2. What is your most preferred genre as a writer?

Although not quite a genre, I would have to say coming-of-age. I love the young adult market, but I love that a good coming-of-age story can explore themes not quite young enough for the YA audience, and yet still have the youth aspect to it.

3. What is your greatest fear?

The theft of childhood

4. What is your most preferred genre as a reader?

I don’t have one. Story is king, genre are the clothes donned by the story.

5. Which horror writer do you most admire and why?

Stephen King. Because he is one of the best character writers in the world. He knows the importance of all aspects of storytelling, not just shock.

6. What was your idea of horror prior to setting off on this adventure into Purgatorium?

Scary. Must. Terrify. Reader.

7. What do you consider the most overrated virtue?

FORGIVENESS. It is not imperative to offer forgiveness. Some are not worthy of it. Most often, when you are giving it, it is to free yourself from the wrong done to you anyway. I only consider forgiving when the one I am forgiving is worthy. Sometimes, they are not.

8. What is your idea of horror now that you’ve been to Purgatorium?

It’s the genre where you take the reader by the hand and lead them down the garden path they simultaneously do not want to be lead down and can’t help but go freely and eagerly. They have to trust you and be leery of your motivations at the same time.

9. What else have you written?

Plays, poetry, novels, articles, and memoir. And manifestos…many manifestos.

10. When and where were you most afraid?

November, 1977…the day my childhood was stolen.

11. Which talent would you most like to have?

Singing.

12. If you were to die and come back as a person or a thing, what would it be?

I always picture myself as an aging Russian peasant farmer woman. I think getting there would be hard and tiring, but to just wake up one day as an 87 year-old babushka wearing peasant woman picking potatoes on her farm would be the loveliest of things. As it seems very unlikely this would happen, I’ll go with DOG.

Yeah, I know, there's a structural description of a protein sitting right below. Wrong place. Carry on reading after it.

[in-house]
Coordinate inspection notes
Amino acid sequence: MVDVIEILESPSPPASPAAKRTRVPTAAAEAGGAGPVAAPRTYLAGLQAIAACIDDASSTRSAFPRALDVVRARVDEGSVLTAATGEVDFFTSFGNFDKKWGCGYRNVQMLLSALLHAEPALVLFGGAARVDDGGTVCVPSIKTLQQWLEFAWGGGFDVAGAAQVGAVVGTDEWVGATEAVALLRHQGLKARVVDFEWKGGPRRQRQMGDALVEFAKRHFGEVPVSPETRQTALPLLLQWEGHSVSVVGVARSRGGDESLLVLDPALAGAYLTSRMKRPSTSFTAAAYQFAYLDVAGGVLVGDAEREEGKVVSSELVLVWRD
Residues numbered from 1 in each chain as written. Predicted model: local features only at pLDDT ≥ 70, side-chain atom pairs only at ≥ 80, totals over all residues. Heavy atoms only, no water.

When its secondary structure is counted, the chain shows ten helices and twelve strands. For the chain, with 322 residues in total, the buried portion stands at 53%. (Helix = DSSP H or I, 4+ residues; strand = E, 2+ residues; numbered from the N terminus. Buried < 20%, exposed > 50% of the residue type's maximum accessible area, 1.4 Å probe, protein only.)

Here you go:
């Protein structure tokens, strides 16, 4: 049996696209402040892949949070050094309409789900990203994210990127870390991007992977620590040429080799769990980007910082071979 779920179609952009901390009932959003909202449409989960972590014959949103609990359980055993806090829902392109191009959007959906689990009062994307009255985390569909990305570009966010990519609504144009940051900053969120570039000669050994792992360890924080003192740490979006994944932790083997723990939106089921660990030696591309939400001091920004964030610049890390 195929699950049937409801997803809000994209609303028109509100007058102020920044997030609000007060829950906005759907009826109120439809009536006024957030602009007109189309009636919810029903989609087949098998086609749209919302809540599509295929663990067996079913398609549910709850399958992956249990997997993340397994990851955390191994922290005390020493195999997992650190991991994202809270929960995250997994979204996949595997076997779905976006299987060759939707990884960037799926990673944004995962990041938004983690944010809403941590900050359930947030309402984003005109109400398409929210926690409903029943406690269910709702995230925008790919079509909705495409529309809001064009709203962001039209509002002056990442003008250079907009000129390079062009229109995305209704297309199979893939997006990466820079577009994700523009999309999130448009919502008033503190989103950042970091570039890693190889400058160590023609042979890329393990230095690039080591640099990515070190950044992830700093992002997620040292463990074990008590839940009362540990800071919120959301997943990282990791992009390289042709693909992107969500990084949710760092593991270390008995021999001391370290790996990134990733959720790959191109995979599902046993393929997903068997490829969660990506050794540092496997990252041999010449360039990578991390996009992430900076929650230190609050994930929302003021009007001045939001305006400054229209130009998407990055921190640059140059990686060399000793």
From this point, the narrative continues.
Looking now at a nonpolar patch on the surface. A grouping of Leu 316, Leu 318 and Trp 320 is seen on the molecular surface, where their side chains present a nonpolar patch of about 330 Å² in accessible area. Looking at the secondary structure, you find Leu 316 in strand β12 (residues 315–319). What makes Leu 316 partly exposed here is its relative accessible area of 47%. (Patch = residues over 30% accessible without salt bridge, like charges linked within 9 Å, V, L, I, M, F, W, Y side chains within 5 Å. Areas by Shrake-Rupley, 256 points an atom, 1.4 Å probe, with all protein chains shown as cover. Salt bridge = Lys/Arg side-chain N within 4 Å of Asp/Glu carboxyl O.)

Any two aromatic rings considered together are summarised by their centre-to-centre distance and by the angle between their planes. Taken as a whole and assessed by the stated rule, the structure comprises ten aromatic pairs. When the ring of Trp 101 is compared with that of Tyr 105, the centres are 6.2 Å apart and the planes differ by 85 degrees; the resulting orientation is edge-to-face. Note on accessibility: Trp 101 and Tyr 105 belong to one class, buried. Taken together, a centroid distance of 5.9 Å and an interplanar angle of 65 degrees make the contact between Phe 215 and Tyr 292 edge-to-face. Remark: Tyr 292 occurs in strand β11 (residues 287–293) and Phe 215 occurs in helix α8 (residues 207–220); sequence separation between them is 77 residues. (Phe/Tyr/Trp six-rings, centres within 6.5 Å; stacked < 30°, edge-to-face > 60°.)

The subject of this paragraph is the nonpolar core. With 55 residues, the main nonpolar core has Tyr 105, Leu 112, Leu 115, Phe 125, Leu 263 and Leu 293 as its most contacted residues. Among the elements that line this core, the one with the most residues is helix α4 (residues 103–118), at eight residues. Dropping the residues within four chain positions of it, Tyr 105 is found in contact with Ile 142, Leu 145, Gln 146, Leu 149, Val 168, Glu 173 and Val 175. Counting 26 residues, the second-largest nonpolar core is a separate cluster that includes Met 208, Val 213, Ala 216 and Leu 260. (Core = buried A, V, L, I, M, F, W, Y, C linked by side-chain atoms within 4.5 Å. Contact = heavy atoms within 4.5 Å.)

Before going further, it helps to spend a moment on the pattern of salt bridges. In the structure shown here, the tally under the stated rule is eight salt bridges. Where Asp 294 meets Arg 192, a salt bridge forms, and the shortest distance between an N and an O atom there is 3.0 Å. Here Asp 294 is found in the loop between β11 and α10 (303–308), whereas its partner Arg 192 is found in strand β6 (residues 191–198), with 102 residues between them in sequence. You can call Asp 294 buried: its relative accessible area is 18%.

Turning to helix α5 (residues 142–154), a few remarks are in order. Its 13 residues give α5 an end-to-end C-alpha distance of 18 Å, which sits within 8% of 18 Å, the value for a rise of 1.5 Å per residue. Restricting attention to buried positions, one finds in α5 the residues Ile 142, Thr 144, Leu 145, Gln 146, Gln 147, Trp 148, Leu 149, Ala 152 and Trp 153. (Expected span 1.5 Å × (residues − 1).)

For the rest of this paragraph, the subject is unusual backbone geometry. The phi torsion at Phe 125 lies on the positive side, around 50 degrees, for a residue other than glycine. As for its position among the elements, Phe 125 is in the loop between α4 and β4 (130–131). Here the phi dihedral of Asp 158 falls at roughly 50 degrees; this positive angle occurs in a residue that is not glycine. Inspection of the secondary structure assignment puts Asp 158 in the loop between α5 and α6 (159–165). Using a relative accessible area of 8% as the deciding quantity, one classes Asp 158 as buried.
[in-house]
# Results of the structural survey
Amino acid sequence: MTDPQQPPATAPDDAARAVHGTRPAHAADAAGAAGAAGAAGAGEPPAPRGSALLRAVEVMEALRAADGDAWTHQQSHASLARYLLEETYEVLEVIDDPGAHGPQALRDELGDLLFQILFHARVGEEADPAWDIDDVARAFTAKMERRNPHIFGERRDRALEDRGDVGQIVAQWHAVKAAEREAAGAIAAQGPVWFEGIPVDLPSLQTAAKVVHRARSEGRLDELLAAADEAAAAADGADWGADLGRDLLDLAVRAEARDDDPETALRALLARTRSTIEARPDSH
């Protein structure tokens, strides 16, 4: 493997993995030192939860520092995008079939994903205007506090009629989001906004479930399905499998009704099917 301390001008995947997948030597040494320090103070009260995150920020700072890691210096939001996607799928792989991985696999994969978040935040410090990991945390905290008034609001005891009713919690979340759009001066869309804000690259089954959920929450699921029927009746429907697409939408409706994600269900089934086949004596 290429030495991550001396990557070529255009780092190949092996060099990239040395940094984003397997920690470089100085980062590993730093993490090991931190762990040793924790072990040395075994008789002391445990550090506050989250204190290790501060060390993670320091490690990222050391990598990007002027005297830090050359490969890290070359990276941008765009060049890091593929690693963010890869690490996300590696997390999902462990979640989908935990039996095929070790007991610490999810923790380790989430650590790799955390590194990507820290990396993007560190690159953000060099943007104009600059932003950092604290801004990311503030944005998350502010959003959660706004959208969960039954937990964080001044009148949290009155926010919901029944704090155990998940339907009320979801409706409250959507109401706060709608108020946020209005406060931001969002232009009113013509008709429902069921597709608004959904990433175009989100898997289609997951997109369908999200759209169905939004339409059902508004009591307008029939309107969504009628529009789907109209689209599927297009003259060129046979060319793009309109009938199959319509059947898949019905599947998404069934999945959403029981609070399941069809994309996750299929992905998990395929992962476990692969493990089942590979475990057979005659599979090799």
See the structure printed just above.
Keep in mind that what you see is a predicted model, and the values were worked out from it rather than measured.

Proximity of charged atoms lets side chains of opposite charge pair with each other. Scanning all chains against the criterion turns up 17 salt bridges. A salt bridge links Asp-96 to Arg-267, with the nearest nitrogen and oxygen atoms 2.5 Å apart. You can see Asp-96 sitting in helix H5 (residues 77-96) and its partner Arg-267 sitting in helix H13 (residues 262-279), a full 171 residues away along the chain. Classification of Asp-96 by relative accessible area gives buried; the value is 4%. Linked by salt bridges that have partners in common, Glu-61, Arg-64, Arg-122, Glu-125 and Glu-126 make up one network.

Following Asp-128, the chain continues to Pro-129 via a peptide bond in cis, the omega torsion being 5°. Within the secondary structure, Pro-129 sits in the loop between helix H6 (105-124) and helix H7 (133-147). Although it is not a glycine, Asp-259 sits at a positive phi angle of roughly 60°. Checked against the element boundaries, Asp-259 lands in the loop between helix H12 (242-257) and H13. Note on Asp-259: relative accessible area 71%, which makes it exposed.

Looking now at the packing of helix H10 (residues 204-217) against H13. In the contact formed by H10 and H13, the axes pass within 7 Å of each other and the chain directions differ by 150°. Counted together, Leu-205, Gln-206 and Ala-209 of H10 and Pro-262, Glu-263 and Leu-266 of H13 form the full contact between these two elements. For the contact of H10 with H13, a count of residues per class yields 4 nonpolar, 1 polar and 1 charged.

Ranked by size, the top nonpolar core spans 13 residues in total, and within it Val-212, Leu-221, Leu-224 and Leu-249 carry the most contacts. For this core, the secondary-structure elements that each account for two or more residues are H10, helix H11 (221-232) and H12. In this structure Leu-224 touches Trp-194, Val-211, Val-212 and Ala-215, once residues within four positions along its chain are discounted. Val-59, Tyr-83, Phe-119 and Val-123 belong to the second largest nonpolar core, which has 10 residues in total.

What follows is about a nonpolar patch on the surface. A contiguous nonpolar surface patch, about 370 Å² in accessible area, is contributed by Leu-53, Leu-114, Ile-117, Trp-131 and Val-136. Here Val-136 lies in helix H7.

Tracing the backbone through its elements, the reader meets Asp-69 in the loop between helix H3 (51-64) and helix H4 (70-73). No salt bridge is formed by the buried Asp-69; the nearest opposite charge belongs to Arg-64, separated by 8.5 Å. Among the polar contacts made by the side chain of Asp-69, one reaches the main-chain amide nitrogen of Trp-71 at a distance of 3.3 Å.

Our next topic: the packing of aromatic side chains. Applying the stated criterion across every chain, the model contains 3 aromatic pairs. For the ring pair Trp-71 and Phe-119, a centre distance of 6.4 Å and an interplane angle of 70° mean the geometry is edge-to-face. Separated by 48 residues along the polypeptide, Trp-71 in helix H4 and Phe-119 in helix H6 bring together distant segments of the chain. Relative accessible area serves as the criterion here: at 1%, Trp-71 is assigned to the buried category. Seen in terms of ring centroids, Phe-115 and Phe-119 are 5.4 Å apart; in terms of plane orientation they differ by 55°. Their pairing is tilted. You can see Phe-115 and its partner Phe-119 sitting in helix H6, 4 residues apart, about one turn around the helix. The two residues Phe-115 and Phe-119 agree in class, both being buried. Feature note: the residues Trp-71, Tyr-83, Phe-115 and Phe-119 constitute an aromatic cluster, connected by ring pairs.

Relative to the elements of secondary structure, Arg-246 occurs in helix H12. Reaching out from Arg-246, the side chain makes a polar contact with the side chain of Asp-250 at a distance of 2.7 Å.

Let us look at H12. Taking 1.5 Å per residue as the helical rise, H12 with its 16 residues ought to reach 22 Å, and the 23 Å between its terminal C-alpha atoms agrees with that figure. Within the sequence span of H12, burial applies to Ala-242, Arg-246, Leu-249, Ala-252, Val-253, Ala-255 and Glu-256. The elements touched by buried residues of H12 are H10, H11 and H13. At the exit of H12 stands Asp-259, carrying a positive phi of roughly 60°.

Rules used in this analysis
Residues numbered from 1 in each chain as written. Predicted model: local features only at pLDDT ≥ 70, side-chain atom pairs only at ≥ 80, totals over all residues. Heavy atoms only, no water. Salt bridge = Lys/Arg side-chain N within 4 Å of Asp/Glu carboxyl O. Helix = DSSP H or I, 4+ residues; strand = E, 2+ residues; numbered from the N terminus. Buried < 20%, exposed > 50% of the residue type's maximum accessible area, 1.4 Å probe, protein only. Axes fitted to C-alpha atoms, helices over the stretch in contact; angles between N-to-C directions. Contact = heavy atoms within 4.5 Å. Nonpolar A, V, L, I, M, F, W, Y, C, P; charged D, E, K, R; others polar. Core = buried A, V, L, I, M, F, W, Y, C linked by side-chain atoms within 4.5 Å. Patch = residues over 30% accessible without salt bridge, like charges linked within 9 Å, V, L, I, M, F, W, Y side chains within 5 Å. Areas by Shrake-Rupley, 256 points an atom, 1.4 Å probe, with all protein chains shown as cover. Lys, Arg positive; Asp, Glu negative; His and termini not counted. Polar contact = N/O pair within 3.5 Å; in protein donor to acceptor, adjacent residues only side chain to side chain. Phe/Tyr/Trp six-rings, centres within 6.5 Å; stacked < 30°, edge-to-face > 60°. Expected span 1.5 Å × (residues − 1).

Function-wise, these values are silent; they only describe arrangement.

13. What do you regard as the lowest depth of misery?

Not forgiving yourself for something that you could not possibly be blamed for…and having the kind of unhealthy mind that would allow this self-blaming to thrive and hold you hostage.

14. What are your three deserted island books?

I included this question because I hate it. The nature of the reader is that they love all the books. Their three go to books would change by the day, by the hour, by the minute. It makes for a conflict in the brain when they are asked this question.

Right this second, my answer is FRANNY & ZOOEY by JD Salinger, THE WONDER BOYS by Michael Chabon, and, THE FEAST OF ALL SAINTS by Anne Rice.

But right this second, my answer is quite different!

15. Who are your favorite writers?

JD Salinger, Michael Chabon, Dr. Seuss, Charles Dickens, Jennifer Niven, Hannah Moskowitz, Sylvia Plath, John Green, Anne Rice, Mark Twain, Naguib Mahfouz, and on and on and on…

16. Who is your hero of fiction?

Zachary Martin Glass (Zooey)…because he is a king of sarcasm and a lover of life.

17. What sound grates on you more than any other?

The sound of a baby crying.

18. How would you like to die?

Any way other than the ways I have imagined in my darkest days.

19. What sound brings you deep joy?

A child laughing with utter abandon. And cicadas.

20. What is your motto?

I have several. This too shall pass comes to mind. As does Never quit and See beauty where others refuse to see it and LOVE.